There is no textbook definition of “collapsed health system”. But it can be framed by a related concept of global health defined by the World Health Organization: the resilience of health systems. Conceived as a bulwark against collapse, resilience describes the ability of a health system to absorb shocks and adapt while it is performing core services. That is, during a major disaster, a functioning health system can care for the wounded as well as patients with a wide variety of health emergencies that arise in normal life, as well as those in need of routine preventive care. In terms of resilience, our system failed the requirements last year. Over the past year, it quickly became clear that we had no contingency plan for a lengthy disaster like a pandemic. In the first year of the pandemic, routine preventative measures – like childhood vaccinations and colon cancer screening – collapsed while our health system was overwhelmed by COVID. Almost half of all patients went without medical care after the pandemic began, according to data from a large survey, almost half of all patients abandoned health care unless there was an emergency (although hospitals have proven to be an unlikely location for COVID . to get ). The number of additional deaths during the pandemic in the United States is estimated at more than 900,000. If, in normal times, the American healthcare system was too expensive for many and difficult to trust for some, the pandemic has made things worse. Healthcare workers who lack the support to function at such a grueling pace for so long are voting with their feet. Nurses tired of working in a dysfunctional system are quitting their jobs in droves as a surge in doctors retires or follows other health workers to the exits.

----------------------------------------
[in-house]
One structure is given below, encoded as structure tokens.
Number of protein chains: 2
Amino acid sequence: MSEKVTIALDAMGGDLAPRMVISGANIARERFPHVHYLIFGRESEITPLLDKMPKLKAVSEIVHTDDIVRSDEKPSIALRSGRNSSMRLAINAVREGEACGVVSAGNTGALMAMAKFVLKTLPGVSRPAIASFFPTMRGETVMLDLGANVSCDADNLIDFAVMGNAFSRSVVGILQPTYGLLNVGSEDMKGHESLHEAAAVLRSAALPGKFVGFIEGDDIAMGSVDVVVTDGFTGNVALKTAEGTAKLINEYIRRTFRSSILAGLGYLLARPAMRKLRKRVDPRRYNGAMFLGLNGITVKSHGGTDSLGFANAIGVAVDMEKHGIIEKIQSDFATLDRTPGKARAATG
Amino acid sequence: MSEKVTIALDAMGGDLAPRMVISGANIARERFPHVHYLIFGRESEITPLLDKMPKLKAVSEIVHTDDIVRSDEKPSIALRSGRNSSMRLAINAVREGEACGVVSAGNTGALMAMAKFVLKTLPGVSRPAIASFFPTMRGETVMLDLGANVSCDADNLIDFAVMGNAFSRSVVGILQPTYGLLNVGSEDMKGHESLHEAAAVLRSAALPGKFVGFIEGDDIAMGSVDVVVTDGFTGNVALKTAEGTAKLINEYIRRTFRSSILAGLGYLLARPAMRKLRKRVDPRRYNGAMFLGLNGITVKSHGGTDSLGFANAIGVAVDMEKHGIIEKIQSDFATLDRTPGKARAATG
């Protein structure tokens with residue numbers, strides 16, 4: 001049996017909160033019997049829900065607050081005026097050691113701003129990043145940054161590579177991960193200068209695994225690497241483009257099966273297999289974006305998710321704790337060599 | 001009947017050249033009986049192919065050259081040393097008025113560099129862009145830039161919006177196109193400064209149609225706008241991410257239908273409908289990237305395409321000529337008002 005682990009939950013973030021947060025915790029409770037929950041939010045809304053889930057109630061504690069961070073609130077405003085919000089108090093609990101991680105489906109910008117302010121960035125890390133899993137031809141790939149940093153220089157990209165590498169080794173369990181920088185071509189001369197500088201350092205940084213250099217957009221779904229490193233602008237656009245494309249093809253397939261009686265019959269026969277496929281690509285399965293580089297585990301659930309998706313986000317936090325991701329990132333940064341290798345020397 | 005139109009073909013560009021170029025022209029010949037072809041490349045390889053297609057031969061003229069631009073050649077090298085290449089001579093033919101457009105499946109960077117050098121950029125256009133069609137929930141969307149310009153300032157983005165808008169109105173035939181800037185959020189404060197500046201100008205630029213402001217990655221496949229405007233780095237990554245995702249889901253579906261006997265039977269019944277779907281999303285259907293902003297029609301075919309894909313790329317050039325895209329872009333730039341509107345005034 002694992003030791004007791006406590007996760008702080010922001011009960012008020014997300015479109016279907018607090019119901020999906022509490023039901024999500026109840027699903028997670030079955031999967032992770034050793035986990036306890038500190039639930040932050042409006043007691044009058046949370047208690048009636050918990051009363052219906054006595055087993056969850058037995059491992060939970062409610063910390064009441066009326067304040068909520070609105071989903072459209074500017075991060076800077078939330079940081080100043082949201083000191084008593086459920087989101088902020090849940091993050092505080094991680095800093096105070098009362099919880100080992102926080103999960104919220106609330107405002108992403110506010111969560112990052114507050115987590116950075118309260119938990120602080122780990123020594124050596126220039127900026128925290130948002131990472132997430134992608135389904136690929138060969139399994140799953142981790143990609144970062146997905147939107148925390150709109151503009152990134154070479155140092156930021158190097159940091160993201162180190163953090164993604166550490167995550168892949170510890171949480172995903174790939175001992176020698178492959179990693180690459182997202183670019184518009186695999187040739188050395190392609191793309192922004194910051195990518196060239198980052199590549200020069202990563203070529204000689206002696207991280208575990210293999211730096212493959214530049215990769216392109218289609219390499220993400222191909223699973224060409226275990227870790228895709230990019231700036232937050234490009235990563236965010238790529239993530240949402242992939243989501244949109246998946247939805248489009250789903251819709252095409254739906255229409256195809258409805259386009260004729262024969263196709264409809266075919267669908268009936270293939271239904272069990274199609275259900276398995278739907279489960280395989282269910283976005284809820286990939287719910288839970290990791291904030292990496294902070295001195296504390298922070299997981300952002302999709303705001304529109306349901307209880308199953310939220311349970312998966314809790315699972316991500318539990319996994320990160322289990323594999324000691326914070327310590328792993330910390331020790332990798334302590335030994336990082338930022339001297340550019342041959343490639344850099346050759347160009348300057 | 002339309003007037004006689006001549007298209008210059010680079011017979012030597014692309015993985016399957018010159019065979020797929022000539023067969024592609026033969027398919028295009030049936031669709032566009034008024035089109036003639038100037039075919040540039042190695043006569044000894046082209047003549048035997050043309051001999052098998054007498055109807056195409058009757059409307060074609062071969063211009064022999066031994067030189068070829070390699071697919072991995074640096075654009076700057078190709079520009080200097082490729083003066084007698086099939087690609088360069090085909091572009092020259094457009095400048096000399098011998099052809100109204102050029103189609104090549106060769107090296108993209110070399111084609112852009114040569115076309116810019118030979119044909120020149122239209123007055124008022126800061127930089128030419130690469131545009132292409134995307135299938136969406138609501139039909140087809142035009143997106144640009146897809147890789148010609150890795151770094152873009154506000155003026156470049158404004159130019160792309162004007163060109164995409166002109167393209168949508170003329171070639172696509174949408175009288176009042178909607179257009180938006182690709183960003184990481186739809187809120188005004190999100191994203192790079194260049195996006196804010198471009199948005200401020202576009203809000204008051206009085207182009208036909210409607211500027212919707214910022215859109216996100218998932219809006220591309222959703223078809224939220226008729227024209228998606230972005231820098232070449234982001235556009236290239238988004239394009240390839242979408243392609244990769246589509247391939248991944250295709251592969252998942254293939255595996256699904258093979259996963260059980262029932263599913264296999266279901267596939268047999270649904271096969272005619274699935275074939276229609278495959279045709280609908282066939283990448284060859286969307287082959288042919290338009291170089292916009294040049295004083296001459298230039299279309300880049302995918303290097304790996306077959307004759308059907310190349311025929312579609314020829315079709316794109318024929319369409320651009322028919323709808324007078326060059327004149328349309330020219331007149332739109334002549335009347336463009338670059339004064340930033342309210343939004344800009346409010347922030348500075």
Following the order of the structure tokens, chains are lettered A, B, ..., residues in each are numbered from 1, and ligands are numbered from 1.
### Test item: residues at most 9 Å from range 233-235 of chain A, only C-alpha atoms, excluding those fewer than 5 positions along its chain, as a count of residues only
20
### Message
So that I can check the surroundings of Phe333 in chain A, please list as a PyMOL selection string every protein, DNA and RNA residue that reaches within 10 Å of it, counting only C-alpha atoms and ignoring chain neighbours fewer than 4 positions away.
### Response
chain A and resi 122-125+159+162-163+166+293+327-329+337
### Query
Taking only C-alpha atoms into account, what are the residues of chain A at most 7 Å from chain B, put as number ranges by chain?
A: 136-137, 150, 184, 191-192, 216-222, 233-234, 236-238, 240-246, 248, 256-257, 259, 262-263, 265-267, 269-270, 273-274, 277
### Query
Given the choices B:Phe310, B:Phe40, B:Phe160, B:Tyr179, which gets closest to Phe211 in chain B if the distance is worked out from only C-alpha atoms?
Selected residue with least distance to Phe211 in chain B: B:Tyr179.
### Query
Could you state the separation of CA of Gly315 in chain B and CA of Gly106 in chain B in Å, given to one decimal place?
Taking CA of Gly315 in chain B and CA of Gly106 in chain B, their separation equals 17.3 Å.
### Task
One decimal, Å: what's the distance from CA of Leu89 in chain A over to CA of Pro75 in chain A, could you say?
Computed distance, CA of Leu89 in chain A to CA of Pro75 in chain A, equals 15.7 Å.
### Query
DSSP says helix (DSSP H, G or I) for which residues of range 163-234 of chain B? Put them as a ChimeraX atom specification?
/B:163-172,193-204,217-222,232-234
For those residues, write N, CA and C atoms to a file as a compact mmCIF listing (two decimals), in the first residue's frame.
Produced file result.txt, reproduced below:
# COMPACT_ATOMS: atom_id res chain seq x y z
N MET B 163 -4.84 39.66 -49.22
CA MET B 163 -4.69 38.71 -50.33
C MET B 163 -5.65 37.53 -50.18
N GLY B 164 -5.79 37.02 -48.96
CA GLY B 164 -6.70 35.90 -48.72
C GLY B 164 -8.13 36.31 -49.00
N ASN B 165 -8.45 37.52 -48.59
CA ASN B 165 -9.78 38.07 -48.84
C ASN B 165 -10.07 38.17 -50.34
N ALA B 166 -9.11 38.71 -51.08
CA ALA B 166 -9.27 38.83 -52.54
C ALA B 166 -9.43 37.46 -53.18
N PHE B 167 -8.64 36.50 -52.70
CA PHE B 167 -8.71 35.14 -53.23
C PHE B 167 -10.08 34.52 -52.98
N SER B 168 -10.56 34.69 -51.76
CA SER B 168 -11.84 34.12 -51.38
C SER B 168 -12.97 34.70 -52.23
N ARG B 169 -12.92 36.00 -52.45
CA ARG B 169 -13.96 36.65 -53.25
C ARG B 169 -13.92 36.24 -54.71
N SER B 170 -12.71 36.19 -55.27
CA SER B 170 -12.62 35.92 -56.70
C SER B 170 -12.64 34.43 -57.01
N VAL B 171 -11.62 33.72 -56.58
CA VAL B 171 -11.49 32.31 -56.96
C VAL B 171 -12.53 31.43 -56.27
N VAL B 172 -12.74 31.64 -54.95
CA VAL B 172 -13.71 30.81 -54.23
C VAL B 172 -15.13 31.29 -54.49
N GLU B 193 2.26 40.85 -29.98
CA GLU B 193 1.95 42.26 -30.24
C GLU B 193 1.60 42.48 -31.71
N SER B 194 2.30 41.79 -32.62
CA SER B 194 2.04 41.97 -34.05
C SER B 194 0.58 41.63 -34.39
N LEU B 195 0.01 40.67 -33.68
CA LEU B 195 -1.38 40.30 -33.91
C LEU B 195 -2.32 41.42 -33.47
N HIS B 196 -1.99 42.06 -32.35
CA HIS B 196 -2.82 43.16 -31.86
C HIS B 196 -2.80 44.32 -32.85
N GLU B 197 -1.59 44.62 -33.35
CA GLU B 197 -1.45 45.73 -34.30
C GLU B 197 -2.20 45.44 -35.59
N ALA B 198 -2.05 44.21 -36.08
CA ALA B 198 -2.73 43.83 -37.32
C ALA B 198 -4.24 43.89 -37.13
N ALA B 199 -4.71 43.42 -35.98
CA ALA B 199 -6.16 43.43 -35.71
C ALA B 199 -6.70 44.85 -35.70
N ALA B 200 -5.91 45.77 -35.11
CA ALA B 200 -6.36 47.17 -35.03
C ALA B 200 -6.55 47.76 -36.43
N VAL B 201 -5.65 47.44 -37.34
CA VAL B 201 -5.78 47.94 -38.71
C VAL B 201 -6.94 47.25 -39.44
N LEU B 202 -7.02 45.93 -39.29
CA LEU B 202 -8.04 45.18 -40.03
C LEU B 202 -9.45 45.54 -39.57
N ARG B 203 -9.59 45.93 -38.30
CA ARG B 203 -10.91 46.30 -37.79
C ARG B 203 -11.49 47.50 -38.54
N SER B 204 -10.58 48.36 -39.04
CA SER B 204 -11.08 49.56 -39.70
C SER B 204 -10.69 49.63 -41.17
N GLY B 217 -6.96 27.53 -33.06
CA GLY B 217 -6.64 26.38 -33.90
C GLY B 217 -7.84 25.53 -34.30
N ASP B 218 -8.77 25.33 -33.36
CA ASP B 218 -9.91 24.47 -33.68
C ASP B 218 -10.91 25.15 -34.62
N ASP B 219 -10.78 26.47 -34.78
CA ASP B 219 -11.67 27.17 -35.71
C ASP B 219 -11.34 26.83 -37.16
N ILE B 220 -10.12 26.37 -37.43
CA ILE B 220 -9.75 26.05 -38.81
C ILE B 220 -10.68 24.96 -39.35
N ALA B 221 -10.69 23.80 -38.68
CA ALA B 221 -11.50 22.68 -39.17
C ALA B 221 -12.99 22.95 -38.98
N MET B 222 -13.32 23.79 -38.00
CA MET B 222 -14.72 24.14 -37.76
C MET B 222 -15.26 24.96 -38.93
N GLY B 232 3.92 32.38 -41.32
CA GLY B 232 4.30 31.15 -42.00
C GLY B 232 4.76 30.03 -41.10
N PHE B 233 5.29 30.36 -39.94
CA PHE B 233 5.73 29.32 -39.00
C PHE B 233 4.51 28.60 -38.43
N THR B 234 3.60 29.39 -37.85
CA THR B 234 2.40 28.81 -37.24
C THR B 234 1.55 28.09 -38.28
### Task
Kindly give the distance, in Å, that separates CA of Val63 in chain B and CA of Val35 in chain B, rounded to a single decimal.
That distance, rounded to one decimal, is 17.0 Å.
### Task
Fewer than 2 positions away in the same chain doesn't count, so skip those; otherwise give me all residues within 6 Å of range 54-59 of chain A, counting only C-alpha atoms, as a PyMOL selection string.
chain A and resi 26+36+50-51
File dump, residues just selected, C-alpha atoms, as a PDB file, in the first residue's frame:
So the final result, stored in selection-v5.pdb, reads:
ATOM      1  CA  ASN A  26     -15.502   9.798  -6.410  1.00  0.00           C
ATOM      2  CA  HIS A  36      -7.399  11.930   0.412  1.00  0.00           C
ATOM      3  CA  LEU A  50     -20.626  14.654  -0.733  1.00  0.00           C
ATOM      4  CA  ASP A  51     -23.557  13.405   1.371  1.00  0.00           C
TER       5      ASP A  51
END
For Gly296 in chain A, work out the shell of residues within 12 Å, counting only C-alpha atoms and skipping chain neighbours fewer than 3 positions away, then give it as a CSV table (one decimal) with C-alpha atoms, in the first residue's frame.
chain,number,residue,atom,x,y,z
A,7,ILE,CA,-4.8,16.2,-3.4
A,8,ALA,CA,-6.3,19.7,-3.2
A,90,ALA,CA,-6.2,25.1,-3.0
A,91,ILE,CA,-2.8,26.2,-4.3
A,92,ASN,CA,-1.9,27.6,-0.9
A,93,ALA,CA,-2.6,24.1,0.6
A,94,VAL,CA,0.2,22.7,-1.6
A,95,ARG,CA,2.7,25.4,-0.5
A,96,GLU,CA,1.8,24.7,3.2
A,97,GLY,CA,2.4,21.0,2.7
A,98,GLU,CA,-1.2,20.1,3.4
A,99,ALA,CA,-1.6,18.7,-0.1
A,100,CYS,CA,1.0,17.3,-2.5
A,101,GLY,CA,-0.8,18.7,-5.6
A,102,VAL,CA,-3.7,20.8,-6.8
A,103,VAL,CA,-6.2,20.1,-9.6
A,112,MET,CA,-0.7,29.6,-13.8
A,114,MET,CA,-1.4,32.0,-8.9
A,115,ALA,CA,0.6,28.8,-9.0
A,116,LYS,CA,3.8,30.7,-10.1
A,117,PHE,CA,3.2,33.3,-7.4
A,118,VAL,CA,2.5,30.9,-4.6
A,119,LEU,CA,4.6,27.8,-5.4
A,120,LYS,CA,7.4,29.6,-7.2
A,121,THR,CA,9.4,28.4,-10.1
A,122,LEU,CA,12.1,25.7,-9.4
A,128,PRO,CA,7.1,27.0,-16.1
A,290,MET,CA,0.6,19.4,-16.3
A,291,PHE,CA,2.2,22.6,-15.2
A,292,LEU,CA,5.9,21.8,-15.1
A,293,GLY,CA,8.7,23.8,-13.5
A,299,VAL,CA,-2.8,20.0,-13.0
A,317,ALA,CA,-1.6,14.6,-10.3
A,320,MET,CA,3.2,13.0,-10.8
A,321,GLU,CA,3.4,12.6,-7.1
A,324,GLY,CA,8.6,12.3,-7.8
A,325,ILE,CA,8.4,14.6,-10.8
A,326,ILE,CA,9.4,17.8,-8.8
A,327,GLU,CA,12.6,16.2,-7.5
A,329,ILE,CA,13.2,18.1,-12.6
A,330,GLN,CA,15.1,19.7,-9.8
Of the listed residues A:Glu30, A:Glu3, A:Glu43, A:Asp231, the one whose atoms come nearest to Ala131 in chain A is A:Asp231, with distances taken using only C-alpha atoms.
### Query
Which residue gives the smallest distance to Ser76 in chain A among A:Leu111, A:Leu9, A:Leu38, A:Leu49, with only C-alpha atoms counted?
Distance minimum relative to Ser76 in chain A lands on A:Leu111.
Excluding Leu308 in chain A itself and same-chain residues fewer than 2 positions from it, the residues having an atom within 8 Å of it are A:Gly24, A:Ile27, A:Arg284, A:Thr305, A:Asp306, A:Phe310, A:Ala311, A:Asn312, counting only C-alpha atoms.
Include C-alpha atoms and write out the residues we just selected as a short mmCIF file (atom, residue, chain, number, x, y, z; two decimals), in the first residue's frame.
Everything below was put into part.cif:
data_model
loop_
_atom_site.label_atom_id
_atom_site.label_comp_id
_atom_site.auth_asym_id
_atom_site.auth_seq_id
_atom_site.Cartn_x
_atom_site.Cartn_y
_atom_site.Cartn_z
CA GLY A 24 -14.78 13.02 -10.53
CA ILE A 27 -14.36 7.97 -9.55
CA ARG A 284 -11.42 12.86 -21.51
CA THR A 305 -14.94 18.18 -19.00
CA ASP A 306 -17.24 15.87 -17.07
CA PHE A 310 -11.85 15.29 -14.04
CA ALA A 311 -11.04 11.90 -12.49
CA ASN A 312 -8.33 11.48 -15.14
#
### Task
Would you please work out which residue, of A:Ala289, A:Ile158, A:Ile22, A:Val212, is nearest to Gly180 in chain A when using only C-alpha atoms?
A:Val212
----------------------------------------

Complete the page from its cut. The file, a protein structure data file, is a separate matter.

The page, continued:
I don’t blame the media and public health voices for backing up their descriptions of where our health systems stood during the pandemic. COVID was unpredictable. Nobody wants to cry or be wrong. Nonetheless, edge and hedging words like this – peak, limit, threshold – offer us a state of hovering revival between normality and a real crisis. Focusing so intensely on the language may seem pedantic. But there is power to just tell the truth. It validates the experiences of local health workers and people who are unable to receive adequate health care. In the future, the realization that our health system has collapsed under the weight of the COVID-19 will ultimately create the conditions for a comprehensive health reform. It runs counter to any revisionist story that might emerge in the years to come; It’s easy to imagine accounts that conveniently highlight the heroes of healthcare while waving away how flawed our healthcare system is. Unabashedly acknowledging our failure could lead us to build a more resilient system.

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Some healthcare executives begin to take an outspoken approach in their messages, hoping to accurately communicate the help that is needed at the moment. In Baton Rouge, Louisiana, Catherine O’Neal, physician and chief medical officer of Our Lady of the Lake Hospital, warned her ward in a recent press conference about what it means to run out of beds in her hospital. “We cannot tolerate it,” she said, and went on to explain that there are people waiting for a bed in emergency rooms because they risk health complications and even death. “We don’t have any more things in our pockets to open beds. They have to open our beds for us, ”O’Neal said, urging people to get vaccinated. The admission that the health system has collapsed shows the public the gravity of the situation. It increases the urgency of calls for people to get their shots and mask themselves in areas of significant community coverage. In countries that are severely affected by the Delta variant, vaccination rates have already risen.

To say we are on the verge of disaster gives hope that those responsible can take steps to keep us from falling into an abyss. It suggests that the situation is holdable, at least temporarily, that maybe you can keep crouching and do what you did and everything will be fine. But it’s not sustainable and it’s not okay. The health system is not approaching a cliff while it is still functioning – what is happening is killing people like Daniel Wilkinson. People who don’t have to die, die.